The famous Matterhorn peak sways back and forth about every two seconds. The Matterhorn Mountain, which is considered a real symbol of Switzerland, only looks like a stationary block. A group of researchers from the Technical University of Munich came to the conclusion that the 4,478-meter-high mountain is constantly in motion, swaying back and forth about once every two seconds.
The Matterhorn moves in the north-south and east-west directions with a frequency of 0.42 Hz. The “wobble” of the Alpine peak cannot be noticed with the naked eye – this requires the most accurate measuring instruments.
Scientists have placed three seismometers in the canton of Valais – experts have previously prepared the foundation so that the sensors are in a stable position. The equipment worked almost continuously, with minor failures due to lack of power in bad weather – Nanometrics Trillium Compact 20 seismometers received energy from solar panels. Real-time data was transmitted over the Network. The data was published in the journal Earth and Planetary Science Letters.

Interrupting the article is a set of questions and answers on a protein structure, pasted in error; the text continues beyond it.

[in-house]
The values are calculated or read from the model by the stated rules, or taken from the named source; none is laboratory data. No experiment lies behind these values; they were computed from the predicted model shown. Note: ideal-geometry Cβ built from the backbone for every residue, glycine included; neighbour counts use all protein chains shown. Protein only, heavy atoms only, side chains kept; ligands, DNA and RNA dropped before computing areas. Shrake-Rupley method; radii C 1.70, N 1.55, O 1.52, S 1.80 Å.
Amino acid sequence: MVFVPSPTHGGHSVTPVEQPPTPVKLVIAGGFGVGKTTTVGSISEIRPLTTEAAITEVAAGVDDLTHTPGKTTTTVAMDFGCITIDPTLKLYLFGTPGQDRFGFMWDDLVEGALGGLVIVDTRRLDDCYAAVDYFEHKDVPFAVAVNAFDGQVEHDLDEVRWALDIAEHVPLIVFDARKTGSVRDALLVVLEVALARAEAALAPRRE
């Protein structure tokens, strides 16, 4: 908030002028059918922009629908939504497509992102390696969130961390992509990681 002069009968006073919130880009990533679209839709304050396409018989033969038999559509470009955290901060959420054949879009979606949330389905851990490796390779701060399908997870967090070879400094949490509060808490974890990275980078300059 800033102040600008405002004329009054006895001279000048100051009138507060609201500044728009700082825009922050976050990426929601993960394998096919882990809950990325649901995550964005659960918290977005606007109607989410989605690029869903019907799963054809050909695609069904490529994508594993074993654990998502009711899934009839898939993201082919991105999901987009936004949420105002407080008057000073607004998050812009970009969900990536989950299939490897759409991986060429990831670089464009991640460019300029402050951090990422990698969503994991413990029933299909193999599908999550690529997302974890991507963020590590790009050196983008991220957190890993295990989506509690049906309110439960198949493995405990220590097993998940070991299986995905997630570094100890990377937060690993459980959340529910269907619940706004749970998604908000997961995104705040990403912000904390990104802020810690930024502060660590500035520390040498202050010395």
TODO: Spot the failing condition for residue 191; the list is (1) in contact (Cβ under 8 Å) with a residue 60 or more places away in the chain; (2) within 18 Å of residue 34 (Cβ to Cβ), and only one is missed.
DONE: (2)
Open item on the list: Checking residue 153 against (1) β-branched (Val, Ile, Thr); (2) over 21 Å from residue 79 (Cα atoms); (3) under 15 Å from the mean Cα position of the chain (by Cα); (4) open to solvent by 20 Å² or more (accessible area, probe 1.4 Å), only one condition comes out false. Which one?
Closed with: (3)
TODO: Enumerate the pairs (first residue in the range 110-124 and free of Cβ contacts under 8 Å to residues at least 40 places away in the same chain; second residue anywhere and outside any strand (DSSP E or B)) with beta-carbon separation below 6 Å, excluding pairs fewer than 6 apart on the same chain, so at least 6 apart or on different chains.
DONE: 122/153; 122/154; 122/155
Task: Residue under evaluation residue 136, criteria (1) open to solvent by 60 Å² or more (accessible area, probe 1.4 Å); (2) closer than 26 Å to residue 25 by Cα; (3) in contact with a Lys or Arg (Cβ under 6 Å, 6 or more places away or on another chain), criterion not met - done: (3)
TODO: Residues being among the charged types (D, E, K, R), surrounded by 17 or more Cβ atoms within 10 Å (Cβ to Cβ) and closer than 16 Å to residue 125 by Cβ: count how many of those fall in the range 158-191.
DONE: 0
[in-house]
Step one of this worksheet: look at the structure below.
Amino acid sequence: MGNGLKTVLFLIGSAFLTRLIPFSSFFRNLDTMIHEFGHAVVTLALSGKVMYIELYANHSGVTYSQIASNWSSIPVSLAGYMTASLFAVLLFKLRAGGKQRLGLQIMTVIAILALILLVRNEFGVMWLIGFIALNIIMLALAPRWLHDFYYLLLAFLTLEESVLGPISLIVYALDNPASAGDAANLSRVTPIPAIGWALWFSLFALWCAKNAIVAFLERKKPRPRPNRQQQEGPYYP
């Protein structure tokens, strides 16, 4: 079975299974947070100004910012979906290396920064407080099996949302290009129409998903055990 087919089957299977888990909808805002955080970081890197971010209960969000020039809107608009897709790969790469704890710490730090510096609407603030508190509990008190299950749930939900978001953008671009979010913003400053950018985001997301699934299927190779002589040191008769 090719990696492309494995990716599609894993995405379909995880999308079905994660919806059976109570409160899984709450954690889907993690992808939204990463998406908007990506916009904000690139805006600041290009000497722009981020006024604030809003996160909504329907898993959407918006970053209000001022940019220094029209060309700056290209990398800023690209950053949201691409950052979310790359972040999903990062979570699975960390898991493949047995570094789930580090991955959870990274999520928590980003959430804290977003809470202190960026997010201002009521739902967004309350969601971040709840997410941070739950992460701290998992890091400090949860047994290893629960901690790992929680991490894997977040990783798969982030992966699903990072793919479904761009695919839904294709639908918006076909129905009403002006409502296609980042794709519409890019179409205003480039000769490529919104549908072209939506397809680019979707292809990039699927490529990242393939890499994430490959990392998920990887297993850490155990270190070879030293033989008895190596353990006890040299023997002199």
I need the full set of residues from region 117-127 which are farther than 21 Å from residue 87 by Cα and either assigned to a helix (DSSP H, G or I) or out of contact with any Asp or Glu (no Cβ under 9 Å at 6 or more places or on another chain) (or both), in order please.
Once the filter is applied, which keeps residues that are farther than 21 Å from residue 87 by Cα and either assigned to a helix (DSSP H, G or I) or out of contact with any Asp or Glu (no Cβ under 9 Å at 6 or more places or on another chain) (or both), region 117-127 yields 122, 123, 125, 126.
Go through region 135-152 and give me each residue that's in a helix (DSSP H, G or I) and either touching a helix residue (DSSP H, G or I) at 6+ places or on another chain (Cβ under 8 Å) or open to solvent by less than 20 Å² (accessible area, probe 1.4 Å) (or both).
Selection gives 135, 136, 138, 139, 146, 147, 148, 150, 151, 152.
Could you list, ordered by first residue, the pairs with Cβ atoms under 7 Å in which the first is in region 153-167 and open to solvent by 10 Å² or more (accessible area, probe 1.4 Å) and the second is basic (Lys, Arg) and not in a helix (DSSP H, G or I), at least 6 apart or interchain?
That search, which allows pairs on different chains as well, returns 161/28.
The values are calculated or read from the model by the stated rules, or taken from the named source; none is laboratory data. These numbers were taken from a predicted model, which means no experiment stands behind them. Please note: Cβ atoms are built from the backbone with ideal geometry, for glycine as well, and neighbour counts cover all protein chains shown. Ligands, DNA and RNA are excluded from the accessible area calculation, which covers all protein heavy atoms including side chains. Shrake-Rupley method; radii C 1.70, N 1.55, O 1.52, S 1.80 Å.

Scientists became interested in this topic because large objects, depending on external factors, vibrate at their own frequency – vibrations can be seen in skyscrapers, on bridges, near small mountains.
“We wanted to know if it was possible to detect such resonant vibrations on a large mountain like the Matterhorn,” added Samuel Weber, the author of the paper.
The measuring network transmitted information to the Swiss Seismological Service, and the instruments themselves recorded movement throughout the mountain with high resolution. Scientists have found out that vibration with an imperceptible amplitude is stimulated by seismic energy on Earth emanating from earthquakes and other factors.
Matterhorn is a symbol of Switzerland
The Matterhorn is considered one of the most recognizable peaks in the world for a reason. Every year, the Swiss pyramid attracts hundreds of tourists from all over the world. The “walls” of the tetrahedral Matterhorn look at different sides of the world. Three faces geographically belong to the Mattertal Valley in Switzerland, and the fourth face the Italian side.
This Alpine peak was considered one of the most difficult to conquer in the circles of climbers. Matterhorn remained impregnable and unconquered for a long time. They were able to climb it and take the “Alpine Fortress” only in 1865 – it is believed that then the era of technically difficult ascents began.